With typical American independence, investors are pushing U.S. equity indices still lower even after international markets rebounded from their Hong Kong-led drubbing.
The domestic indices started the day in harmony with their overseas brethren, moving higher after Hong Kong's
index rose 6.9% and other major foreign indices rose 1% to 2%. But the U.S. gains deteriorated swiftly before 11 a.m. EDT, and around noon EDT the
Dow Jones Industrial Average
was down 121 to 7726.
led the losers.
Nasdaq Composite Index
was hit hard, down 28 to 1643 as
led a wide tech selloff. The broad
was down 13 to 937 and the small-cap
was down 2 to 447.
Heightening concern on Wall Street, the bond market reversed course and firmed toward midday, with the yield on the bellwether 30-year Treasury easing to 6.29%. "It's a little disturbing to see this decoupling," one stock salesman lamented.
"What's concerning everybody is, is the foreign market snapback sustainable?" he continued. "A lot of people think it's not." Also weighing on traders' minds is the prospect of a 12:55 p.m. EDT speech by
Fed Chairman Alan Greenspan
, as well as the chairman's coming Wednesday testimony before the
Joint Economic Committee
"People don't want to be long stocks right now," the salesman said. "I think they'll try
to rally, but I think they'll close lower. It's not over, but people are feeling pretty glum right now."
Gold and gold-company stocks, usually the beneficiaries of stock-market turmoil, are under pressure this midday as well. Gold was down 7.90 to 316.80, having edged up just 0.60 yesterday, and prominent gold companies including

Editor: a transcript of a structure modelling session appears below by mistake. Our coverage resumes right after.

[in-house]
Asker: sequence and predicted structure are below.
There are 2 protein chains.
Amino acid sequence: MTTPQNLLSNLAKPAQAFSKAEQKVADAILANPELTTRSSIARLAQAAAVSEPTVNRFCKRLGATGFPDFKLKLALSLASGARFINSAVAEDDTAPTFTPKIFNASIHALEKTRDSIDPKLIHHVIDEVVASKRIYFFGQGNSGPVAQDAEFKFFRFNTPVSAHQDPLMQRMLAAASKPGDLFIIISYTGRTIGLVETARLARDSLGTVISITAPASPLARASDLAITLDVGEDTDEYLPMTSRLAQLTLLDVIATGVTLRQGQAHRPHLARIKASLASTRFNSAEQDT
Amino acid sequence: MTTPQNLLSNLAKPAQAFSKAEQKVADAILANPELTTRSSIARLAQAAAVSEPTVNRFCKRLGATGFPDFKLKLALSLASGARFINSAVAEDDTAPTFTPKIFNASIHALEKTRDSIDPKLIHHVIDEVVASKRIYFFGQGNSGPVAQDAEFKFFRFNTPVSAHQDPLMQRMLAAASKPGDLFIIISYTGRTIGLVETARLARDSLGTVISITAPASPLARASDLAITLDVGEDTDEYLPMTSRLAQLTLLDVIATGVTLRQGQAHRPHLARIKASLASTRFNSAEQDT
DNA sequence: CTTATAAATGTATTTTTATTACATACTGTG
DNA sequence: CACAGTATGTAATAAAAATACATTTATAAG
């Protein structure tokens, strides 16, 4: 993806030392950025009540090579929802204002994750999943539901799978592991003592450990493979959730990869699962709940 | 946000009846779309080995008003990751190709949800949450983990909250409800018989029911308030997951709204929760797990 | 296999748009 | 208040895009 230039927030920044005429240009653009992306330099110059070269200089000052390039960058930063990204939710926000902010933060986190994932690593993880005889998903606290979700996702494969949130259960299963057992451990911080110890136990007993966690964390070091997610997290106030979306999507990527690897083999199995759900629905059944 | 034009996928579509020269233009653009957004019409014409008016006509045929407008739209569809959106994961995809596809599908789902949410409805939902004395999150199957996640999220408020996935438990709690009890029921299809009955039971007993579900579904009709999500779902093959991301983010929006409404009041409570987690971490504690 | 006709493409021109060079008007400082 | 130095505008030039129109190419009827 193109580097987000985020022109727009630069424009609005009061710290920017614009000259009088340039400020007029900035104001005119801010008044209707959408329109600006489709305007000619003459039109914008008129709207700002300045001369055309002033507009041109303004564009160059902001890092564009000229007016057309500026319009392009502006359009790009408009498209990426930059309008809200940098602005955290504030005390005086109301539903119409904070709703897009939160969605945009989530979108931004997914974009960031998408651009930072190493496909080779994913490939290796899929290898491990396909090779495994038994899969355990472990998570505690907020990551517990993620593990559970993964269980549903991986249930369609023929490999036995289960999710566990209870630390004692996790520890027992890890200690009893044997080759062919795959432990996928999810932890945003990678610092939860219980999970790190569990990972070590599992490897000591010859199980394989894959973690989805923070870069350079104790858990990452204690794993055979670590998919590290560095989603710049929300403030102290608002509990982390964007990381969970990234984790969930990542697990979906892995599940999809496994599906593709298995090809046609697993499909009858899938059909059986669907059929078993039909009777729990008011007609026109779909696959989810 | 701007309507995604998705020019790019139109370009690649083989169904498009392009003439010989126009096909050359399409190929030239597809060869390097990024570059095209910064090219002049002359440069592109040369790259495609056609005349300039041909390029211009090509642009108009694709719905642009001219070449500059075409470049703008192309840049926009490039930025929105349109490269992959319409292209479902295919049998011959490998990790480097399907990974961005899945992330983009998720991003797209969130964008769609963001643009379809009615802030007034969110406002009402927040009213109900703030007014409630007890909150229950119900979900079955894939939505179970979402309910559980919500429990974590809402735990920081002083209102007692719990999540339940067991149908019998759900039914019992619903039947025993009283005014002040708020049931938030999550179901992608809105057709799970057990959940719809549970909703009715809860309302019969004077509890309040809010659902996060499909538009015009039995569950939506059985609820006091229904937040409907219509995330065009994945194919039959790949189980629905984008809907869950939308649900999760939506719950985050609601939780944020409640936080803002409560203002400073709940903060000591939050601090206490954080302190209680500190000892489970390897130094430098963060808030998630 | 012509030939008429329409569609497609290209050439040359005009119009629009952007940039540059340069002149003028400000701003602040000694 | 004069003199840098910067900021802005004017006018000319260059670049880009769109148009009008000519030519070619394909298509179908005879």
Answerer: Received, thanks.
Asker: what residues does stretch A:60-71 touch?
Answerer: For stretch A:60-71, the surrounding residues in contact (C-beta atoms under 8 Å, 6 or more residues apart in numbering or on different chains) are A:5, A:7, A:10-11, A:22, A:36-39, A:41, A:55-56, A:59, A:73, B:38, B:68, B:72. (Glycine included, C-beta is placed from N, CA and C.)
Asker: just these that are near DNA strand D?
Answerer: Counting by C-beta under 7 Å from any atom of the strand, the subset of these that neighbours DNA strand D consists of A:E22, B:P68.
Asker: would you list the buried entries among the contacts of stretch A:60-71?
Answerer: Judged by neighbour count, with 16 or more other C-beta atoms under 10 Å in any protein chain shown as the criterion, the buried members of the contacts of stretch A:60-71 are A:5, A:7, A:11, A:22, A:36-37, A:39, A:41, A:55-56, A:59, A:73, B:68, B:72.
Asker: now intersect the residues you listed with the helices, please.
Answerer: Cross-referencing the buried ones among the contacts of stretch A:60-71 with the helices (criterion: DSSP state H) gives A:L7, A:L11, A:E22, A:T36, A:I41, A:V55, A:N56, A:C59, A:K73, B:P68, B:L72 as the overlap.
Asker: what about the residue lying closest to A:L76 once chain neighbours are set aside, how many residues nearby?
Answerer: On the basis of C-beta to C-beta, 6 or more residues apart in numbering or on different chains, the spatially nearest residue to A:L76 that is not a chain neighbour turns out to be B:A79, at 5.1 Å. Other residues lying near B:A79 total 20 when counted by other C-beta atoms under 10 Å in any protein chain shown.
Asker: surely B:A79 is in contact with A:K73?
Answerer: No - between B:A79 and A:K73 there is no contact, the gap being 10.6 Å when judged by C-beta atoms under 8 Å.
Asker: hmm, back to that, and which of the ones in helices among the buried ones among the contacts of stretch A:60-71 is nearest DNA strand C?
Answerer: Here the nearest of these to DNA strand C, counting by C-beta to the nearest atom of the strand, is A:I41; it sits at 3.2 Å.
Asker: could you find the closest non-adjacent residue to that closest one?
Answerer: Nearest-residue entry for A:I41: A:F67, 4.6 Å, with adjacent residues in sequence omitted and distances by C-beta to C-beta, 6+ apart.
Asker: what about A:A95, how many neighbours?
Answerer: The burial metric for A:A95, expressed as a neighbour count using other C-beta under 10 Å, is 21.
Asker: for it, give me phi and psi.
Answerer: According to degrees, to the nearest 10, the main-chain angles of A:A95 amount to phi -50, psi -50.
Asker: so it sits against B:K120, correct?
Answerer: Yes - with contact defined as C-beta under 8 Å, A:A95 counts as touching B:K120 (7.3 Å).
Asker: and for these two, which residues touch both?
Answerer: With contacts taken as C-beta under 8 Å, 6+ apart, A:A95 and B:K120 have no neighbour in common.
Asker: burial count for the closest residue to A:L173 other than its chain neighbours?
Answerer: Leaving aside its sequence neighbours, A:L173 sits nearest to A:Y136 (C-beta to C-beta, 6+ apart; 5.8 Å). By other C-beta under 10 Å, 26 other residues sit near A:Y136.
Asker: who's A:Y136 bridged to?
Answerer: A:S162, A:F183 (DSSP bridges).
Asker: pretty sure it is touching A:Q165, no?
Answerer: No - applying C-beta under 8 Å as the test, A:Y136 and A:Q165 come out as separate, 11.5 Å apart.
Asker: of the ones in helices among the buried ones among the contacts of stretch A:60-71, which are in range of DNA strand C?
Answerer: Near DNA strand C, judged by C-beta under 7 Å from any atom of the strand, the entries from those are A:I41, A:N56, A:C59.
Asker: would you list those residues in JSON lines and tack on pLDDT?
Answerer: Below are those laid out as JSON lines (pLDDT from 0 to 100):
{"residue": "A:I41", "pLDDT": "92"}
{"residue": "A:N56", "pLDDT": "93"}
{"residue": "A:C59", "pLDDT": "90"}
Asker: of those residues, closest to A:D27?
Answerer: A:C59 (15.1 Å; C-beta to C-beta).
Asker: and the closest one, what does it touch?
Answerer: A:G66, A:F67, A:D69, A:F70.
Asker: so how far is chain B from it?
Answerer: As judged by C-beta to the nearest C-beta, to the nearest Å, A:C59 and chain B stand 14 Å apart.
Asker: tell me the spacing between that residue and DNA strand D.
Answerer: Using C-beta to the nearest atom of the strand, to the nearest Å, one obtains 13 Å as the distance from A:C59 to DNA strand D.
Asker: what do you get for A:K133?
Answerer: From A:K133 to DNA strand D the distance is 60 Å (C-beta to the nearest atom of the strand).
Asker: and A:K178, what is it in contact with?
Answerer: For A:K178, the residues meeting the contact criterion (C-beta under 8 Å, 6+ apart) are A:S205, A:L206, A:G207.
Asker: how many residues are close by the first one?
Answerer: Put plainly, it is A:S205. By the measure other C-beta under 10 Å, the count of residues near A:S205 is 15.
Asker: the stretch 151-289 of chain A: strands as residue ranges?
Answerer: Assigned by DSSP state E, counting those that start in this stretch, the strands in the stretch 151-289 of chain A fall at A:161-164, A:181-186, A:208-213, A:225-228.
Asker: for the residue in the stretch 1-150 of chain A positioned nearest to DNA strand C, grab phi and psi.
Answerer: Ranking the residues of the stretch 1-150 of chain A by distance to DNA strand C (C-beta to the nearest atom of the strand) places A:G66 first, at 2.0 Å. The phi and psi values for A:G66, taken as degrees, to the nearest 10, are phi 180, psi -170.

Freeport-McMoRan Copper & Gold
were sharply off.
Catalyzing the downturn are reports that a panel of Swiss financial experts is advising Switzerland to sell 45 million ounces of gold -- about half its reserves -- over a 10-year period starting in 1999.
described the plan as an effort to "cut
Switzerland's large holdings of the unloved metal and at the same time improve the tattered image of the Swiss as cold-hearted profiteers from World War II."
"The gold market is really nervous already, and the news came out and hit the gold market pretty hard," a gold analyst at a New York securities house said. "Forty-five million ounces is a lot of ounces. There's some concern that other central banks will follow." Worldwide gold production totaled 75.4 million ounces in 1996, she said.
Despite the nervousness, the analyst said investors with a long time horizon don't have to rush to unload their gold holdings. "I think it's a very good trading opportunity," she said. "I don't see the gold price rising sharply over the near term, but there's a pretty good chance to make some money."